It’s Far Too Easy to Lose Sight of the Real Fight
This will be short, and pointed.
Destroying statues and other racist symbology does not change history, but honestly communicating about our problematic past (and present) may well change our future.
For the better.
I do not believe in suppression, which only builds and eventually releases, if not explodes, later. We have throughout our history taught our children primarily from a majority perspective, which as a former school teacher I can say with some authority has been an ongoing issue with certain approved curriculum.
The following article appeared in my online newsfeed this morning:
Monuments deemed racist topple in wake of George Floyd's killing
One consequence of the worldwide protests sparked by the death of African-American George Floyd at the hands of…
From a fellow protester who strives pretty much daily to fight the scourge of racism by both marching and writing, this isn’t the way to go.
Destroying monuments, historical or otherwise, is no different than burning books.
It does not end well.
Notice most everyone in this piece’s lead-in photo appears to be Caucasian. It’s either a telling shot, or white indignation at its most misdirected.
I’m Jewish; Hitler’s Nazis destroyed art. Yet “Triumph of the Will” and “Mein Kampf” are necessary documents that must be studied and never forgotten.
The Nazis and other enemy political parties over the centuries destroyed art and we were mortified. Not an equivalency, but destroying historical art — or art of any kind — sets a stage for suppression that never ends well.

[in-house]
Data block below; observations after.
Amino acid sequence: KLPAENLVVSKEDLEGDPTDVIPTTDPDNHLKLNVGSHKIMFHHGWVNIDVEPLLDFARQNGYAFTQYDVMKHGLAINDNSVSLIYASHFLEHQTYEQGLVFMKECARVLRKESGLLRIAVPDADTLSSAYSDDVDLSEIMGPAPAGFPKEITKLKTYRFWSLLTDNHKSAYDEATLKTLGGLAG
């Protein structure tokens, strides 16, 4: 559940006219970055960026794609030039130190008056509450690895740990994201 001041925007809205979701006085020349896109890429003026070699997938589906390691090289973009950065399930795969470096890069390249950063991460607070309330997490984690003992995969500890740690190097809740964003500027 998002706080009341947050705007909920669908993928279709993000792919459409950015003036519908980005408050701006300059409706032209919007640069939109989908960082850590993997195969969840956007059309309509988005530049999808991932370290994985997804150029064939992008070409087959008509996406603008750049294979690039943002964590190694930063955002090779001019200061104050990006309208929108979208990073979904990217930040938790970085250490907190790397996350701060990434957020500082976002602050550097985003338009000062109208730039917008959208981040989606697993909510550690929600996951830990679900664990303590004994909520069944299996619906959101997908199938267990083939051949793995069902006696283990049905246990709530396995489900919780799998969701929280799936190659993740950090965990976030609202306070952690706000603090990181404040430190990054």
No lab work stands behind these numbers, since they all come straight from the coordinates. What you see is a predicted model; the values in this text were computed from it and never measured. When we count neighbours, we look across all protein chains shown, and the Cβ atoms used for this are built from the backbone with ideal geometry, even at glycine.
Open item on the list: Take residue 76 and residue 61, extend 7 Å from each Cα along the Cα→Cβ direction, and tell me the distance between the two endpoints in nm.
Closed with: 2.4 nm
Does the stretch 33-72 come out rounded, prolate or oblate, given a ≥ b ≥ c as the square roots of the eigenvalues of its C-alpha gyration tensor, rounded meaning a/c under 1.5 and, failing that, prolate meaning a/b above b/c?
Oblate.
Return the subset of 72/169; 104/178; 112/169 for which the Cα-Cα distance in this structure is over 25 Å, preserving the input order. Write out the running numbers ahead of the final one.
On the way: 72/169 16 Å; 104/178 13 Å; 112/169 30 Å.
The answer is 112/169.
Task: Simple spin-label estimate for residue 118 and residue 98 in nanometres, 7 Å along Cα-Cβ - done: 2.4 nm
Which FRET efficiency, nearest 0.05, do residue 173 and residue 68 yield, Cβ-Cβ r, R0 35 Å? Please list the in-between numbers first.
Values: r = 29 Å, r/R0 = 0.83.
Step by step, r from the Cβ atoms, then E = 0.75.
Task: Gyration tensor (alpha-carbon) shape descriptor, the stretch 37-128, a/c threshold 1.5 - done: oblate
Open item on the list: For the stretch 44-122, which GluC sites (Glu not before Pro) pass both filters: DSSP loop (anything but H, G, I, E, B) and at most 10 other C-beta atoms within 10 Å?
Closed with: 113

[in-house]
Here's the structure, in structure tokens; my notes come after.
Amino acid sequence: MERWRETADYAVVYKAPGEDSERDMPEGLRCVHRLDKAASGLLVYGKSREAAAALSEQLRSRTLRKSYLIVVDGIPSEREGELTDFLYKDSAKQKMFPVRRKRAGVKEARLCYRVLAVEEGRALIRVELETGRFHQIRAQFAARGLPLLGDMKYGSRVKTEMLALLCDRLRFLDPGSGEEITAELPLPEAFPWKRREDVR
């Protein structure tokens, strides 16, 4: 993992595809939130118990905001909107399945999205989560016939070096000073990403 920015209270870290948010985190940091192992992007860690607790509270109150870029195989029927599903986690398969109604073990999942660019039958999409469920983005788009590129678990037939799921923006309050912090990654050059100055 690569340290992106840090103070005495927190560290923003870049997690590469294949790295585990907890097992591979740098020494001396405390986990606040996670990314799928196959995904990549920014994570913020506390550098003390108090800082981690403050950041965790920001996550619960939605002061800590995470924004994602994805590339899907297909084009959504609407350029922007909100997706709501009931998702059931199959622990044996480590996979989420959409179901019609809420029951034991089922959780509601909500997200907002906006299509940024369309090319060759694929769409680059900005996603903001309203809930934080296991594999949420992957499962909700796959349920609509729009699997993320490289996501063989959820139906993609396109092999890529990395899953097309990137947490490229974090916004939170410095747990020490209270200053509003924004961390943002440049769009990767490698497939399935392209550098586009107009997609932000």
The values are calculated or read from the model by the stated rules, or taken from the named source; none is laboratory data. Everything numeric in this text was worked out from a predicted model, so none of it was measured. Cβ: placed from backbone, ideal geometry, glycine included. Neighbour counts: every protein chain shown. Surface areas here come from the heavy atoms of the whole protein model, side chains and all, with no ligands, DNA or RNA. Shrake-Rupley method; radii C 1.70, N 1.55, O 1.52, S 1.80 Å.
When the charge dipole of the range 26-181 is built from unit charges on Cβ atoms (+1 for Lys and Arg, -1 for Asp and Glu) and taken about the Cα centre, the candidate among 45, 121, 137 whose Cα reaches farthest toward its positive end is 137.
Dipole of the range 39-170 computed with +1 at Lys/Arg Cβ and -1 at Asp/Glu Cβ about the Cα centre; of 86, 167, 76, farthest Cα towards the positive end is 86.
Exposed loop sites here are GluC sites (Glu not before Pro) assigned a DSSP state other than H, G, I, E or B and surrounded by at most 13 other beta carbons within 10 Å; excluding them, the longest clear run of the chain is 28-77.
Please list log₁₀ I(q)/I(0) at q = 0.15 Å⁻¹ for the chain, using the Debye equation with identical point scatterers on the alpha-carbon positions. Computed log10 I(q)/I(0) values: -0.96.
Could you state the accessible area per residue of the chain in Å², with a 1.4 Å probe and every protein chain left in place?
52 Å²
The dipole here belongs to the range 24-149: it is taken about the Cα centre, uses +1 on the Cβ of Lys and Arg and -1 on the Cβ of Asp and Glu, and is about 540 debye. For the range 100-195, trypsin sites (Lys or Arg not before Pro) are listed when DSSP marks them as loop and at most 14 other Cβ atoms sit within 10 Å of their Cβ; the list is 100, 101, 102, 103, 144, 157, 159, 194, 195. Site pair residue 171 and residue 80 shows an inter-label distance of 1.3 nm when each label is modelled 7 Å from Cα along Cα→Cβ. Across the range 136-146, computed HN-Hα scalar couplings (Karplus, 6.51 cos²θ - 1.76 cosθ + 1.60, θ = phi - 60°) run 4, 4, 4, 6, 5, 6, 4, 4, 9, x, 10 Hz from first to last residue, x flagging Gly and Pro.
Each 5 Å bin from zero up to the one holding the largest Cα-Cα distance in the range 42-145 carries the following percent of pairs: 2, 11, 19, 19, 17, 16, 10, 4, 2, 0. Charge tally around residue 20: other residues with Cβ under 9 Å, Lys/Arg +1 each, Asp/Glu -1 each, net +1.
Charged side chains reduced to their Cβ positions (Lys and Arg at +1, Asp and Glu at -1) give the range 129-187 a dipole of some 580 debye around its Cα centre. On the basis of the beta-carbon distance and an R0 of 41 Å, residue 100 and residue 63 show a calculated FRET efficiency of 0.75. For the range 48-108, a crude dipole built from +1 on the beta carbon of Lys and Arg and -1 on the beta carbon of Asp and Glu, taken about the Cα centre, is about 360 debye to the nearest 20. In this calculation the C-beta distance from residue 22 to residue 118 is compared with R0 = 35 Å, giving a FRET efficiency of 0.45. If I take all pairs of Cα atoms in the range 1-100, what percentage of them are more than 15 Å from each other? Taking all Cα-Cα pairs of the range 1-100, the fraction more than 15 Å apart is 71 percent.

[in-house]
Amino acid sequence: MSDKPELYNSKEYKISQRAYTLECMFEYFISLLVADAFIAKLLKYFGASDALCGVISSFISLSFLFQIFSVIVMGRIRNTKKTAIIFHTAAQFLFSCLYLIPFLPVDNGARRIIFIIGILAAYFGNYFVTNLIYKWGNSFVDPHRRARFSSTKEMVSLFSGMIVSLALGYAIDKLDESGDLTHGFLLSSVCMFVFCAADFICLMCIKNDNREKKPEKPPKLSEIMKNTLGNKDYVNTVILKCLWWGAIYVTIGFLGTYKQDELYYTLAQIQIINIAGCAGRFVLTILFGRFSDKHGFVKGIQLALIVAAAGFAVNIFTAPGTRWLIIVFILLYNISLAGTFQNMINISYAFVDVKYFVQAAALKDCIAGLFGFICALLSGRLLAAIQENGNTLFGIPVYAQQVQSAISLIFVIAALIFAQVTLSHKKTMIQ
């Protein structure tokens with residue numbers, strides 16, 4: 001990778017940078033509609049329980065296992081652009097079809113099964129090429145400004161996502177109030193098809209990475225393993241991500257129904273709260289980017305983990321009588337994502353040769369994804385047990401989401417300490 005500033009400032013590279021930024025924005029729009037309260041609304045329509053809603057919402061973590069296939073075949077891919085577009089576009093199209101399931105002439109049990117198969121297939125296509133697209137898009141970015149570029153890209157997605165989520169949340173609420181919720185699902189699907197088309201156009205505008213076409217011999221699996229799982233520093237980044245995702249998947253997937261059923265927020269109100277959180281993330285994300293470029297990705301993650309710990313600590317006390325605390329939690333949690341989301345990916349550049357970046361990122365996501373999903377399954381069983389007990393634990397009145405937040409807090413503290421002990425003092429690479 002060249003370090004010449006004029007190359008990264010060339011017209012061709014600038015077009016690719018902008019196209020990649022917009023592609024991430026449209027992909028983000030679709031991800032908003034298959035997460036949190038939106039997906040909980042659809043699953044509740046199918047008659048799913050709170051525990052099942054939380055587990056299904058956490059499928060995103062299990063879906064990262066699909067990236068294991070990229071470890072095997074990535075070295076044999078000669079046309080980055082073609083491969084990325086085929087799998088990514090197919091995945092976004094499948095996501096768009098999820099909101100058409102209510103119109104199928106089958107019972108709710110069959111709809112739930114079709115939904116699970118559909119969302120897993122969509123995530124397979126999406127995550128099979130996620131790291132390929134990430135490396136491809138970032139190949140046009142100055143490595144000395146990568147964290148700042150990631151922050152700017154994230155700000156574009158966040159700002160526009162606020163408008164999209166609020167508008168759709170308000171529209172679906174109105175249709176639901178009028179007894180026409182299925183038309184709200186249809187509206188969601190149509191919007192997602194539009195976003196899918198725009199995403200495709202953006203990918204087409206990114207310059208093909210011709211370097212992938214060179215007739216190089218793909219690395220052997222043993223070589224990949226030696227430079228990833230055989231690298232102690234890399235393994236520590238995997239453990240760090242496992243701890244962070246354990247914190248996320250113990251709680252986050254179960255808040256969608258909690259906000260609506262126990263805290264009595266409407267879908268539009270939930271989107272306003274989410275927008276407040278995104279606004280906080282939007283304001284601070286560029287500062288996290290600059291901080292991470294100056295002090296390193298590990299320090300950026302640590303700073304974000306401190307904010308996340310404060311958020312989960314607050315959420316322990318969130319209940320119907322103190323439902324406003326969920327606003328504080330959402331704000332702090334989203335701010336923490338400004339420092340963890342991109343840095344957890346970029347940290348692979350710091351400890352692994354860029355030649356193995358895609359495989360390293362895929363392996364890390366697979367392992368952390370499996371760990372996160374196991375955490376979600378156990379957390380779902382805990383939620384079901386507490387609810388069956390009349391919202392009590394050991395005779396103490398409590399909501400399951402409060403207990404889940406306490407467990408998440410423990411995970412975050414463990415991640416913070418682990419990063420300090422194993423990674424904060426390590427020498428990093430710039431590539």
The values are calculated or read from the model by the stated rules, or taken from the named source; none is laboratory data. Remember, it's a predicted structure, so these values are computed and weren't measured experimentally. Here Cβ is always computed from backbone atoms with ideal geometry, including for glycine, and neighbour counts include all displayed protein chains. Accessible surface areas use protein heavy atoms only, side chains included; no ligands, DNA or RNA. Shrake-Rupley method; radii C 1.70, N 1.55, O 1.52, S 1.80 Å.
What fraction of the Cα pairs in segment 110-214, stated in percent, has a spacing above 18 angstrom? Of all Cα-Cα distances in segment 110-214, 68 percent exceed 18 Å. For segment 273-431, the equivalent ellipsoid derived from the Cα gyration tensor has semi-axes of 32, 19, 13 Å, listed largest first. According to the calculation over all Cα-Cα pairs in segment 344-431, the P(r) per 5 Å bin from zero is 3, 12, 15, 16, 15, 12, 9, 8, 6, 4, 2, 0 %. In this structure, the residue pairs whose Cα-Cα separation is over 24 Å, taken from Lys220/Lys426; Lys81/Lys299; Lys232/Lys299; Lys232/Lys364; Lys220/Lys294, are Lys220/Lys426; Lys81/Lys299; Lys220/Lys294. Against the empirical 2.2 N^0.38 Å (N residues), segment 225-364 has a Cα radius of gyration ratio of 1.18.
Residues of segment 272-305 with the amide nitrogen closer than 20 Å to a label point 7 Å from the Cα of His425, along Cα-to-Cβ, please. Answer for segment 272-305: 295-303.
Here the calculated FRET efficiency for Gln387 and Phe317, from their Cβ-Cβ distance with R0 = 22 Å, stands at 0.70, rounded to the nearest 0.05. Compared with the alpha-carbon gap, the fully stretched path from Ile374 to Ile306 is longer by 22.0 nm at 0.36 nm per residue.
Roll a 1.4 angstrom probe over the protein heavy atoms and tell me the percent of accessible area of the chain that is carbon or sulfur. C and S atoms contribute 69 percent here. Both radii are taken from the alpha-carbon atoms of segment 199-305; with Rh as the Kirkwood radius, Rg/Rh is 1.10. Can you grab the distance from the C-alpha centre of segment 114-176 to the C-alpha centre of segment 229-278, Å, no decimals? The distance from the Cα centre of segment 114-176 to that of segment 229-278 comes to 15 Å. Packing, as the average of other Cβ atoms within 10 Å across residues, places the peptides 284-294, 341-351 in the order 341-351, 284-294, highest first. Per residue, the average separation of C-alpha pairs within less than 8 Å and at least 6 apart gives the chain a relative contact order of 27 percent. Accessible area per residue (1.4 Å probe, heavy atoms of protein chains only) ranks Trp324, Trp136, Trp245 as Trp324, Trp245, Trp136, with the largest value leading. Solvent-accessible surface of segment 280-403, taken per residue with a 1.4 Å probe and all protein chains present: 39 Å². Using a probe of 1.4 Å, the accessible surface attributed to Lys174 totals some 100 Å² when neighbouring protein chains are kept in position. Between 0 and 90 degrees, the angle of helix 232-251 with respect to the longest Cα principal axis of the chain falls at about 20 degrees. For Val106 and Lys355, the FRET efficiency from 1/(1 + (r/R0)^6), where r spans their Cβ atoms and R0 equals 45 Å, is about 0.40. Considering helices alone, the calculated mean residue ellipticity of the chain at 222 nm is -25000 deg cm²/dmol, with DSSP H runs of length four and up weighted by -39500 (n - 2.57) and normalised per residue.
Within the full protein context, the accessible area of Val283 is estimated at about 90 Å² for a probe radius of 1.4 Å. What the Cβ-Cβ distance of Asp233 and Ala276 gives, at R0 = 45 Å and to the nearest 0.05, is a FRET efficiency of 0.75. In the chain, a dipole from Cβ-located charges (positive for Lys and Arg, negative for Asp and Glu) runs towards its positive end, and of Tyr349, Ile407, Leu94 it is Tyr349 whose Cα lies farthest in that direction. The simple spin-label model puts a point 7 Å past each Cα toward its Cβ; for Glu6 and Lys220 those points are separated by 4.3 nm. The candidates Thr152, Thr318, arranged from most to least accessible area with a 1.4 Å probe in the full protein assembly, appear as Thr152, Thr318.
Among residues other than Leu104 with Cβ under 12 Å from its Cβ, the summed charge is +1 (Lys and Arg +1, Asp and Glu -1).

I cannot pretend the Holocaust never existed; ignoring propaganda from that period may blind me if those seeds are once again planted.
I wholeheartedly agree with the removal the offending statues during this period of political transformation. I don’t want them there either, and haven’t for years. Nor do I want to see another Confederate flag in my life. But store them and teach about them in our history books so as not to repeat that history.
Otherwise, taking that history into our own hands — and veritably attempting to change it — only furthers our goal post.
Where then does it end? How does this destruction presently contribute to the necessary solution? Businesses have been destroyed and eyes and ears have opened as to our true frustration and power. We have their attention; we need to move forward. Politicians appear to be listening. We are marching for transformation, for lasting change in the battle against racism and for comprehensive police reform.
Rewriting history on a whim does none of these things. It’s a catharsis that will only distract from progress and that is all, despite best intentions.
For those who say, “We can save them digitally and lose the real ones,” in theory I would agree. But the reality is tools exist to erase offending online material. Peruse websites such as those that rewrite one’s reputation.
The question, on repeat, is: “Where does it end?”
#InSolidarity for real progression, not distraction.
Thank you for reading.
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Joel Eisenberg is an award-winning writer and producer, and partner in Council Tree Productions, a television development company. He writes and edits an e-newsletter version of his Medium publication, “Writing For Your Life,” which you can subscribe to here:
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